This already exists. Check out RealBasic: .

Stopped reading too...
by Lex on Fri 12th Nov 2004 01:26 UTC

I second Mike's opinion. This is just an advertorial. Get over it. They are trying to sell a product. It's very easy to make something that looks smart for trivial tasks. How well it does when you really have to do something useful is another matter. But maybe it's good.

I just wish that the Linux community and supporters would start inventing something instead of just copying everybody else including Microsoft.

The intro certainly lead me to expect something else than an advertisement. Too bad.

Lay People
by Russell Jackson on Fri 12th Nov 2004 01:29 UTC

When are people going to understand? Lay people are never going to be able to program their own solutions. It doesn't matter if it's object oriented. The concept of variables and classes are abstract constructs that make little sense to those untrained in programming fundamentals.

It's the same way with mathematics. Most people don't understand that either. Programming languages are born of the same abstract thinking that mathematics require. Do you really think a business man, that can't even get his head around elementary algebra and functions, is going to to ever understand to the point that he can write an even slightly complex program? I know most of the people in the companies I worked for couldn't.

The only people I've ever seen able to be productive in simple languages/environments like VB are beginning programmers and not lay people.

Disagree as you please.

Stop complaining
by johnlein on Fri 12th Nov 2004 02:12 UTC

You know I donít think this type of program wouldnít be written if people didnít want them. Donít just look at Gambas, look at Freepascal and Lazarus and even JEDI. There are more and more programmers that donít like to be dictated by some company how they are to program. Free Software/Open Source is inspiring in the way that it shows the way that programmers gain independence of those companies by producing their own tools. If you want >>innovation<< (I donít like that word, I think its being overused) wait till those programmers are done reproducing their favorite programming environments.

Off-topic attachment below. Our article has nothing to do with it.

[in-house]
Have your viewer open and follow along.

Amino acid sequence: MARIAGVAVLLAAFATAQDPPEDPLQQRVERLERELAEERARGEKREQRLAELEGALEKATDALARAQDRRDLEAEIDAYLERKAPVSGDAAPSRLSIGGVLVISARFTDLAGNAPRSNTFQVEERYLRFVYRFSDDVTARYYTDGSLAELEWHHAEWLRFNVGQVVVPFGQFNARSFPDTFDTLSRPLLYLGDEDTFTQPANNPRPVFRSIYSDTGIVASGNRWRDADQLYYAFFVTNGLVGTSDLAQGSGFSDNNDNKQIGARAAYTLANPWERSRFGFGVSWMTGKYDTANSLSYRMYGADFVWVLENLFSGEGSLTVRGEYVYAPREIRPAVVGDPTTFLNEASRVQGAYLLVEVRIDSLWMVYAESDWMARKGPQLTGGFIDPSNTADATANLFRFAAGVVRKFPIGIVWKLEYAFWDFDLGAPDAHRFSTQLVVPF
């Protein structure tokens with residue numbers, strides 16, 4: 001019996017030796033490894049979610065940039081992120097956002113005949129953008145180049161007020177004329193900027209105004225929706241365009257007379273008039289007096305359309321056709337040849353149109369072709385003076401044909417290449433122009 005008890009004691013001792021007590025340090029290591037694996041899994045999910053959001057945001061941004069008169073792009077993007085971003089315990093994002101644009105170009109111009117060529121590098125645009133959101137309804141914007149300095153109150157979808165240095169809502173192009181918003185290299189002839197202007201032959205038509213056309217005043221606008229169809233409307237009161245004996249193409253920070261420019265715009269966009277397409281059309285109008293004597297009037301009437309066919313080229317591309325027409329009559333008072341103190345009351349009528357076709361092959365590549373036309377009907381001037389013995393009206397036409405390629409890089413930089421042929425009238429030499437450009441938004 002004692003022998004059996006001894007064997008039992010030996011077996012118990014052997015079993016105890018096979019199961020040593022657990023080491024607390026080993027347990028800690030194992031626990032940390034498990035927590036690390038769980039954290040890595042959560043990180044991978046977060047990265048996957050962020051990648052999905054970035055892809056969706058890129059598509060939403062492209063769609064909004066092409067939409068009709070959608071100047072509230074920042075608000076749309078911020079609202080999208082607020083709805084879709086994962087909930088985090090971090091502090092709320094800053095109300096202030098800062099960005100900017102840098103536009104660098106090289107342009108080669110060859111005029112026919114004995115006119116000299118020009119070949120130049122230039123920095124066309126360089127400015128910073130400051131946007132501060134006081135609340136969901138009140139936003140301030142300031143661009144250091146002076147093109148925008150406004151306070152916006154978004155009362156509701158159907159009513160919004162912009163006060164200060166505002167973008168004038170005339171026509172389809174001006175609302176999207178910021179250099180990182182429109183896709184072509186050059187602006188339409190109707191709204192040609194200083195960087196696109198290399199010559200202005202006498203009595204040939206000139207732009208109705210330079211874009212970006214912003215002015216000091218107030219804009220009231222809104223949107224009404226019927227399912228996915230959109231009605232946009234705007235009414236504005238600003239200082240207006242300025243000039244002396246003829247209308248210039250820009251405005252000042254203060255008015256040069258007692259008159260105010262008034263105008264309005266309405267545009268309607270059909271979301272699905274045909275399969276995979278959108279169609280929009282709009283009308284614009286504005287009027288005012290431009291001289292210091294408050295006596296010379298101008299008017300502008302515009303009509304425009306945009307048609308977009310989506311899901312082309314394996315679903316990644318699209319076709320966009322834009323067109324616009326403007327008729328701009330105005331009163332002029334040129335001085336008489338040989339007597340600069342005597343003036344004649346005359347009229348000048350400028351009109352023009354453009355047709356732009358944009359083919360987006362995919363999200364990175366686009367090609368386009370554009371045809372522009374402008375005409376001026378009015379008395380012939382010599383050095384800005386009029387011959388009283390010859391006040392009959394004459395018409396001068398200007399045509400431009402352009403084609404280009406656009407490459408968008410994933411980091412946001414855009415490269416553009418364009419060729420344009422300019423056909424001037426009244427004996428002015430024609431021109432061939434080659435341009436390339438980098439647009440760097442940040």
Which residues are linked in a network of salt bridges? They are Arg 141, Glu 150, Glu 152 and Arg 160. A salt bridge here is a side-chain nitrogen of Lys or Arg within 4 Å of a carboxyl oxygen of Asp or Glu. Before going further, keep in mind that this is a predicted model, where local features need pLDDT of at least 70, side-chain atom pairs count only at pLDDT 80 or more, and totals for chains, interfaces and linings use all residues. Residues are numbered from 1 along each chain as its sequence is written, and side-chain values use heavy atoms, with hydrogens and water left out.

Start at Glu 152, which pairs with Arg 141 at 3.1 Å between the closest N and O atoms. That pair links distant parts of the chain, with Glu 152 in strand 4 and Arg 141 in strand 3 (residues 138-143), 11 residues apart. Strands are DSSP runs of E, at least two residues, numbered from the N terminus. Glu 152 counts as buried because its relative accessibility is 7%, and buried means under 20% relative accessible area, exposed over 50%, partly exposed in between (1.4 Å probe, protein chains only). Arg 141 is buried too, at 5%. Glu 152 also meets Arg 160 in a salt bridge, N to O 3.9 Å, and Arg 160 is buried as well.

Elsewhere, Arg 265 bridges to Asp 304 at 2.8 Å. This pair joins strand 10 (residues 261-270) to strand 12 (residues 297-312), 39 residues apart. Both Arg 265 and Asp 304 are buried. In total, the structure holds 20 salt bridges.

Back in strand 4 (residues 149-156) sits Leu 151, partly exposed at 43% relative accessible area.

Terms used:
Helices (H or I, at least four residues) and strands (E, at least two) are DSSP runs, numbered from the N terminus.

Gambas vs Mono
by Robert Cook on Fri 12th Nov 2004 02:51 UTC

AS a hobbyist programmer and Linux enthusiast, Gambas is absolutely fantastic. Documentation is great but what (I think) is really needed is a guided tutorial or book on this development tool. Folks like me (without a lot of programming experience) can become frustrated by reading documentation.

Sams "Teach Yourself Gambas in 24 Hours" would really be a plus...I think.

Regarding the Mono Reference
by Robert Cook on Fri 12th Nov 2004 02:56 UTC

I meant to add that Gambas ported to Windows offers enormous opportunities vis-a-vis Novell's Mono effort. I am teaching myself C# and take exception to the assertion that complex concepts must be learned before you can do anything useful with C#. The truth is, Gambas and C# are bother very powerful and can be as simple or complex as you want/need.

Mono brings tremendous value to Linux development. I am not sure if Gambas going to Windows provides the same benefit but if Linux continues to grow, it will help fortifying a ready army of Gambas-enabled developers.

RE: Lay people
by Yamin on Fri 12th Nov 2004 05:16 UTC

Lay people do need to 'program' and simple languages for VB are great for custom jobs. '

I used to work for a company that did a lot of custom jobs. We exposed our controller via DDE and other means.

All we had to do was write some examples of how to control our devices from VB and MSExcel using DDE. From there, they were able to write their own Excel tables with marcros. They made special VB applications, which they really could do with just dragging a button...copying and pasting our example code, and changing it accordingly.

Not to mention the countless times I've used VB to write a simple test application (testing the communication to new serial port or network device).

Lay people are capable of producing custom software using the appropriate tools you give them. Such software is not just good to have, its essential. You don't need to call it 'programming' if you don't want to, but things like VB, or in this Gamba are great.

Think of Gambas as
by Wesley Parish on Fri 12th Nov 2004 08:22 UTC

an equivalent of the Macintosh Hypercard program, able to create out highly competent software without letting the person doing the programming, that they were indeed programming.

That's because it does have restrictions, and "guide rails" for beginners. But as long as the person doing the programming isn't aiming for anything humungous or ginormous, and is going for a small program to do one thing and do it well, then Gambas, like Hypercard, should fit the need very adequately.

And qt is cross-platform - there's no need to worry aobut that. All that would be necessary, would be to nut out its compilation process in various MS Windows compilers, and then advertise it to MS developers as a way of transferring the VB skillset to Yet Another Platform.